Felipe Massa yesterday declared himself still in with a chance of winning this season’s world championship. Don’t laugh – it is easy to see why the Brazilian might believe in himself. He has in his pocket a new Ferrari contract, a reasonably fast car underneath him and a team-mate whose car development skills are second to none on the grid. But can he really do it this year? What stands in his way? Is the championship victory positive-thinking, overoptimistic or downright deluded?
Insofar as the 2010 points system is basically an Aussie V8 style free-for-all, with the winning driver taking 120 points and the second-placed man 118 (or something like that), Massa could theoretically recover the 42-point discrepancy to Lewis Hamilton in (I’m being serious now) as little as three or four races. All it would take was for the Brazilian to win a race or two, something he is perfectly capable of doing, and profit from a crash or mechanical unreliability from the dominant teams. With the new, blown-diffuser Ferrari F10 reportedly setting quick times as it went out for a “filming day” this week, such an eventuality is not impossible to imagine. And the championship is a long one. “Until you see from a mathematical point of view that you don’t have a chance anymore, the championship is definitely open,” said the man himself. “We saw that in two races many things changed. Many things can change quickly in another two races.”
But then you have to look at what, or more precisely who, stands in the 2008 runner-up’s way. People who are absolutely determined to take the championships for themselves, and arguably from much better starting situations. People like Sebastian Vettel and Mark Webber, the warring duo astride what is still the all-round best machine, the Red Bull RB6. Then there’s Lewis Hamilton and Jenson Button, the British pairing who are the most comfortable in themselves and their McLaren team. McLaren are of course renowned for their developmental scope and ability, as well, and Renault and the well-funded Mercedes outfit are not a million miles away.
And that is before you come to Massa’s biggest obstacle: his team-mate Fernando Alonso in the opposite garage. Alonso has taken to Ferrari like a duck to water, and is already admired within the team for his hard-charging nature and all-round skill. Most importantly, however, he already has the bragging rights over our Brazilian hero. China was a key point, when Alonso overtook him coming into the pits. This act could have ended both their races, but it didn’t, because Massa gave way. The team weren’t angry, either, because the Spaniard had still had the forethought to tell the team that he was coming in first in the seconds after the deed was done. Since then it is fair to say that Massa has not been able to touch Alonso. His laptimes have not been vastly different to Alonso’s, but in terms of end-product they are light years apart. If you are only as good as your last race, the argument stands. In Canada Alonso could have won if it had not been for a backmarker’s baulk, whereas Massa tripped over Vitantonio Liuzzi three times at the first corner and ended a sad 15th.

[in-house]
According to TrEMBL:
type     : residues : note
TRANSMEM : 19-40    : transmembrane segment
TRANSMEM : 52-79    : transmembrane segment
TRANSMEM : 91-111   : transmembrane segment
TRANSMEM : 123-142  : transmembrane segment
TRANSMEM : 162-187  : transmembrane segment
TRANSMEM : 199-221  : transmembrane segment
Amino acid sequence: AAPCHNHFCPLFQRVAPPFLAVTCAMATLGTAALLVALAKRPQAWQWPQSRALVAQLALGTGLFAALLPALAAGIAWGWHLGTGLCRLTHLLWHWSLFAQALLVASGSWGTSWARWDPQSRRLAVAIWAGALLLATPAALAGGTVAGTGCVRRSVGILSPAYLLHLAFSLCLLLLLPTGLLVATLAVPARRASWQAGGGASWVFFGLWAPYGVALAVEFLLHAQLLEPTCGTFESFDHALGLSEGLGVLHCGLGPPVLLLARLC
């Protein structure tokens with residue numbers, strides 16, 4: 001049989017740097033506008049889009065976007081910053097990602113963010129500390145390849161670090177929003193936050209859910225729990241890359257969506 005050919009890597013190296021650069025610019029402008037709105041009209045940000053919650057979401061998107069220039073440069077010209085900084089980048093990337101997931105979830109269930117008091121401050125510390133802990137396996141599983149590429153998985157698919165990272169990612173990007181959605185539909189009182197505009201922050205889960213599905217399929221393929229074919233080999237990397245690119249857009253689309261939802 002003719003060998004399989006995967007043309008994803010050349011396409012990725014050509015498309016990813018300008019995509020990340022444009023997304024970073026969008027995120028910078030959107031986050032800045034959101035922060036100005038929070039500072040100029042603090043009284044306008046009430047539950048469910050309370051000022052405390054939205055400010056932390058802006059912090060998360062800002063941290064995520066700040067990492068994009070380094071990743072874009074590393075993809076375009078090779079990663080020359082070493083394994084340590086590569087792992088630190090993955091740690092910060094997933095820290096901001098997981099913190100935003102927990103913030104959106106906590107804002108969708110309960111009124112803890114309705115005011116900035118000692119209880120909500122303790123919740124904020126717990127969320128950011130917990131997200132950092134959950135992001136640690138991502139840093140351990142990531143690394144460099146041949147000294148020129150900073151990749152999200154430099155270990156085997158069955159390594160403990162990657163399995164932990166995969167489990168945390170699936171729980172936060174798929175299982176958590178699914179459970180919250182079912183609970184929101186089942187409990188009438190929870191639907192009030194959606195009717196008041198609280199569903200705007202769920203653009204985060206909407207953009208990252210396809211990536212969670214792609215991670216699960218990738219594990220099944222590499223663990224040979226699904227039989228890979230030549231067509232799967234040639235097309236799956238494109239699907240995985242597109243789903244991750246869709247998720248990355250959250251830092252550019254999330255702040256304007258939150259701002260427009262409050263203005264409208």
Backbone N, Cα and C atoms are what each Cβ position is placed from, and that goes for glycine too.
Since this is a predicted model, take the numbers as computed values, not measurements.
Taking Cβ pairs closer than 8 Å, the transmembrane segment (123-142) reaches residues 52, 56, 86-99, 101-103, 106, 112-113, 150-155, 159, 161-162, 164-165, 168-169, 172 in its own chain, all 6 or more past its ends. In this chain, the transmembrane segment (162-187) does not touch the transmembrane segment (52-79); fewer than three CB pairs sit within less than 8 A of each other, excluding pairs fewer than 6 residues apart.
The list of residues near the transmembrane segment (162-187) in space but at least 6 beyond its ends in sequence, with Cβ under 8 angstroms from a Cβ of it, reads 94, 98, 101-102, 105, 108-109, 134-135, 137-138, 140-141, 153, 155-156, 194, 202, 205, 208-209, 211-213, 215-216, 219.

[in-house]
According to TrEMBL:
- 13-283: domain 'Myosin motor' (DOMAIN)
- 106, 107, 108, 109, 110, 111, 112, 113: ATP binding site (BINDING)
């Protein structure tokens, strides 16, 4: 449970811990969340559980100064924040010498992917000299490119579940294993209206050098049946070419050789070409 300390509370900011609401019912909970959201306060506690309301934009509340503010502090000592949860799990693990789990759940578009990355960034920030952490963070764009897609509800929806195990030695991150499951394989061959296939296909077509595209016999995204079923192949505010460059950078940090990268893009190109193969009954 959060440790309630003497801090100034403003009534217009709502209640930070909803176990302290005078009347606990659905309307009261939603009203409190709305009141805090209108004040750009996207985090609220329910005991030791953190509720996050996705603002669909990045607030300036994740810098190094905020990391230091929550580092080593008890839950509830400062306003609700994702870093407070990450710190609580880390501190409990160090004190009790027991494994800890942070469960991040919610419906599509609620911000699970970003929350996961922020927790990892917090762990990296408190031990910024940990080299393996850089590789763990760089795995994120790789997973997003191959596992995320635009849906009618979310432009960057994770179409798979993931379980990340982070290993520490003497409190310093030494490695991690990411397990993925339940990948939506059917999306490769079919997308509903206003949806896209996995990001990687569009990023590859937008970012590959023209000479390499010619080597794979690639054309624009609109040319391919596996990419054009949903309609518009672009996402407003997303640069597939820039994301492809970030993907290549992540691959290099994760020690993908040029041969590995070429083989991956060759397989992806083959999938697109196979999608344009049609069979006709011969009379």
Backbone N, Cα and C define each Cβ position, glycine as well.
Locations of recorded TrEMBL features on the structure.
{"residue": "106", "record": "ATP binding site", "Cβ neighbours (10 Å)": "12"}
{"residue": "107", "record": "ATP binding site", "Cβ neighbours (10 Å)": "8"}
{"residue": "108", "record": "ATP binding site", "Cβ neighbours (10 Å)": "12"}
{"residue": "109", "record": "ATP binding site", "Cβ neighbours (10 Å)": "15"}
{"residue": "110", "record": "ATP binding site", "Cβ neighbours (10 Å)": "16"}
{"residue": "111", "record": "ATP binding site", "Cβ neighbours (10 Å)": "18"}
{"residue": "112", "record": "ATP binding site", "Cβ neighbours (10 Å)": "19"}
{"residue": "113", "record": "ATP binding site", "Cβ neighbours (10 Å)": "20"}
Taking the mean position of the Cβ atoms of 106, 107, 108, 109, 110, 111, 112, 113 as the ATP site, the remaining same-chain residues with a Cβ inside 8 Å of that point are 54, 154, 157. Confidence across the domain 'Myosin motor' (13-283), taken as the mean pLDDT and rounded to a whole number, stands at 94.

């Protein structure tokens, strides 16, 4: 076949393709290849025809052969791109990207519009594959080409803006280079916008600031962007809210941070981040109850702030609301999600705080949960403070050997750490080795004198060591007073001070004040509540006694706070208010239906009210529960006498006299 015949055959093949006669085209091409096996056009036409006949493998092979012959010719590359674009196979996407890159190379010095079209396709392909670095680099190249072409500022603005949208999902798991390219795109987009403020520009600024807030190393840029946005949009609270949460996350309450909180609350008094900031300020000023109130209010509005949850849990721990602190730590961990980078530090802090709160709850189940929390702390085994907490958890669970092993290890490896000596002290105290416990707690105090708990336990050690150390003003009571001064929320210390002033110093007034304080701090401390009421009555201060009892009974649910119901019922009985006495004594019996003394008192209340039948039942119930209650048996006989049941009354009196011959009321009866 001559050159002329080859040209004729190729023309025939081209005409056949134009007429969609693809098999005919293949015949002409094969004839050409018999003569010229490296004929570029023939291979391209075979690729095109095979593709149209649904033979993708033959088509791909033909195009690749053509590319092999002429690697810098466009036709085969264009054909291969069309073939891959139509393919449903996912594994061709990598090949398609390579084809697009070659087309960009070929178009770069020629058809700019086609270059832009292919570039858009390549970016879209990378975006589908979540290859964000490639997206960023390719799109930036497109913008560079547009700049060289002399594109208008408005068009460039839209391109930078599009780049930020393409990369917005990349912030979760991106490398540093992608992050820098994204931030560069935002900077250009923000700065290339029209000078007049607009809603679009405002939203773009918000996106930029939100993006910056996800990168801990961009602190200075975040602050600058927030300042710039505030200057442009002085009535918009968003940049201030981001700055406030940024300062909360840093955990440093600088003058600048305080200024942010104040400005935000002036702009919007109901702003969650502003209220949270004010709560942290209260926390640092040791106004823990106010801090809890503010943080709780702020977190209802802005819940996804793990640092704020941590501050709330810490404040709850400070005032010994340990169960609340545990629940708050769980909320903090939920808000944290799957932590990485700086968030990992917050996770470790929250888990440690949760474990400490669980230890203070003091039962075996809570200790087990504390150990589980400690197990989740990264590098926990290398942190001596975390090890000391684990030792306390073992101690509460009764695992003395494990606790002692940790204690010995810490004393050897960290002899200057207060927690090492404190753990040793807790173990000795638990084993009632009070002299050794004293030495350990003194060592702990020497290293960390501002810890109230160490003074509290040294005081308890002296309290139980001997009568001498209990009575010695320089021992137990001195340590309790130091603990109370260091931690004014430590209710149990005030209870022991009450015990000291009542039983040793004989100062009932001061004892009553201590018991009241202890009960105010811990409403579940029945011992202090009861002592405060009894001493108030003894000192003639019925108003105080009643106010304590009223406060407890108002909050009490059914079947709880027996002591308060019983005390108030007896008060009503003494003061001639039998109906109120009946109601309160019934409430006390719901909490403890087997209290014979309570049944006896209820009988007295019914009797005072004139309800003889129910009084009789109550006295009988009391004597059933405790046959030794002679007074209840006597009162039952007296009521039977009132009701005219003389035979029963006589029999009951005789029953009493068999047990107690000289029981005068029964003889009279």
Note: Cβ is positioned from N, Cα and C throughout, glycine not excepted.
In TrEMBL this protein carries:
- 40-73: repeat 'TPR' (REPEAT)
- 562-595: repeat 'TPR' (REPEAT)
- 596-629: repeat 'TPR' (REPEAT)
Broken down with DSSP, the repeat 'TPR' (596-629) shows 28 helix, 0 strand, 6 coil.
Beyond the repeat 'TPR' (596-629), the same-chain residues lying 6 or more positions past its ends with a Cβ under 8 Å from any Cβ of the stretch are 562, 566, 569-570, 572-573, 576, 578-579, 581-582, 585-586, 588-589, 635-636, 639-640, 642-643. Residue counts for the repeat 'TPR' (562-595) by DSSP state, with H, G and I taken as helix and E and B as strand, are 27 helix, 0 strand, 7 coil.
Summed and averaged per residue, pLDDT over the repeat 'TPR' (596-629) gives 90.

Certain onlookers frowned when Massa, with his lacklustre performances of 2010, was given a new Ferrari contract recently. But this move had all the hallmarks of an Alonso manoeuvre. Alonso, ever since he was paired with the fiery Hamilton in 2007, has desired nothing but a pliant team-mate. Pliant, malleable, submissive…none of these words mean slow, but they do translate to second. Massa has given way once to Alonso, and paid the price. He may continue to do so, which would suit Alonso just fine. Not many people have any idea what goes on inside Maranello, but is it beyond the realms of possibility to guess that Alonso cast a shadow on Ferrari’s negotiations with Massa?
So it doesn’t look good for our man there. But perhaps the biggest problem for Massa lies in himself, and not from the outside factors. Massa has seemed this year to have returned somewhat to the Felipe Massa of old. His races in China, Turkey and Canada could safely be labelled ‘disappointing’; his Monaco race (he finished fourth) was nondescript; and only in Malaysia and at a push Australia did he impress. Gone is the Massa of early 2008, winning from pole and looking like a genuine Ferrari legend in the making. A lot of it is car-related, but people are beginning to ask whether a driver such as Felipe Massa can really mix it with the very cream of the crop – that ‘golden age’ of drivers that we are living through.
Is there a place for Massa? Yes, said Fernando Alonso and Ferrari, and while he’s there he still has the chance of winning races and the championship. It’s just not very likely, is all.